Xihoudu Site can be traced to the early Paleolithic
Age of North China. Between 1961 and 1962, two excavations were carried
out at the site and a number of cultural relics, such as stoneware, burnt
bones, cut antlers and animal fossils, were discovered. According to scientific
studies, the site dates back to 1.8 million years ago, the earliest site
of Paleolithic Age in China.
Altogether there were 32 stone implements
found at the site, including chopping, scraping and three-edged pointed tools.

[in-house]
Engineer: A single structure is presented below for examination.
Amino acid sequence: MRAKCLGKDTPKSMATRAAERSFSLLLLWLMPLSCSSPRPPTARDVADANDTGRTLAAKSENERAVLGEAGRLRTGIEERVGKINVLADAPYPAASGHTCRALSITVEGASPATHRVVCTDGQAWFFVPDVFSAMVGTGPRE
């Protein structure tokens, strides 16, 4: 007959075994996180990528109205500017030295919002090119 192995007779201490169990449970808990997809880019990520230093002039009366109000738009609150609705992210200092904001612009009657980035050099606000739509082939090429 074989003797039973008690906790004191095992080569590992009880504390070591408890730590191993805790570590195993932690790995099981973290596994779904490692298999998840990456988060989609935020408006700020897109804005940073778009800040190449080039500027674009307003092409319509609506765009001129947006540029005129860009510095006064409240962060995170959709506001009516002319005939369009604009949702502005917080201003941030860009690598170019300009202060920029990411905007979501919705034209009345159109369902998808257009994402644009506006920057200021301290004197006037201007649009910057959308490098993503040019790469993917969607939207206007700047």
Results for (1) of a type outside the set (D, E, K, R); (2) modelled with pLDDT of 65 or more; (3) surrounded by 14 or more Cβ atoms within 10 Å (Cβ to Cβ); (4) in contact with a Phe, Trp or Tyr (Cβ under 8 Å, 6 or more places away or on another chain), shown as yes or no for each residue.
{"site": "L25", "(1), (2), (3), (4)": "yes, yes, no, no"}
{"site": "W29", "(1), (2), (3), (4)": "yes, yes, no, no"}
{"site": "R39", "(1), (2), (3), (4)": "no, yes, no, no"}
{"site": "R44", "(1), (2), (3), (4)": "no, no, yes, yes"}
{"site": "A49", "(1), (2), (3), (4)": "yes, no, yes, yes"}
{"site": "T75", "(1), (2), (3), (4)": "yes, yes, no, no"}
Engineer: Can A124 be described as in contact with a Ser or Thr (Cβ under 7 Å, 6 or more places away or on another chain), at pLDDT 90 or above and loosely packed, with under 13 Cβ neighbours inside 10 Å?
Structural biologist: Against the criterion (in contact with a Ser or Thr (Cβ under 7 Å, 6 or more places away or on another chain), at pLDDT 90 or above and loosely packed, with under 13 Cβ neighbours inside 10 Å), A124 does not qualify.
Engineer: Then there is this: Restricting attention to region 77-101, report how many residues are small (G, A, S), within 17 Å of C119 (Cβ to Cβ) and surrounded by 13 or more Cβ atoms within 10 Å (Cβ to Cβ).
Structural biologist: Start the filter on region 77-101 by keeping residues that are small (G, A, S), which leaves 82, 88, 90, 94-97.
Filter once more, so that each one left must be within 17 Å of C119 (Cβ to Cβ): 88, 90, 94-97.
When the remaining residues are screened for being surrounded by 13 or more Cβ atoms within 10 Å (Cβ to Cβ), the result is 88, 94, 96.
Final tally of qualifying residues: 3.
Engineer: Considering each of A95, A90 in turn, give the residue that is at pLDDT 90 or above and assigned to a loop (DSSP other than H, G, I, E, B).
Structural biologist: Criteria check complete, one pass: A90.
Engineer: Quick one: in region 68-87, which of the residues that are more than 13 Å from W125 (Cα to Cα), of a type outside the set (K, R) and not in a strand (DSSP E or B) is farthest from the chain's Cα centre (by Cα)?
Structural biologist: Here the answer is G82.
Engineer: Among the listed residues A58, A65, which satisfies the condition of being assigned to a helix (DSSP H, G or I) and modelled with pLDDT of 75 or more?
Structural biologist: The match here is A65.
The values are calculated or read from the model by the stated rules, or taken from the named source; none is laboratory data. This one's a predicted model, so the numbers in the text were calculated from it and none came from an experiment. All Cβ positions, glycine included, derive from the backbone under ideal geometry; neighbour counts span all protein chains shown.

The tools were constructed using various flat stones, including quartzite,
gangue and lava. Among the 20 animal fossils unearthed were fish and beaver
fossils, which suggests the site contained a large body of water some 1.8
million years ago. Moreover, most of the mammal fossils were those of grassland
animals, indicating that Xihoudu once also had large grassland areas.
The discovery of the Xihoudu Culture places
the Chinese Paleolithic Age in an earlier period, including the history of fire
used by human beings.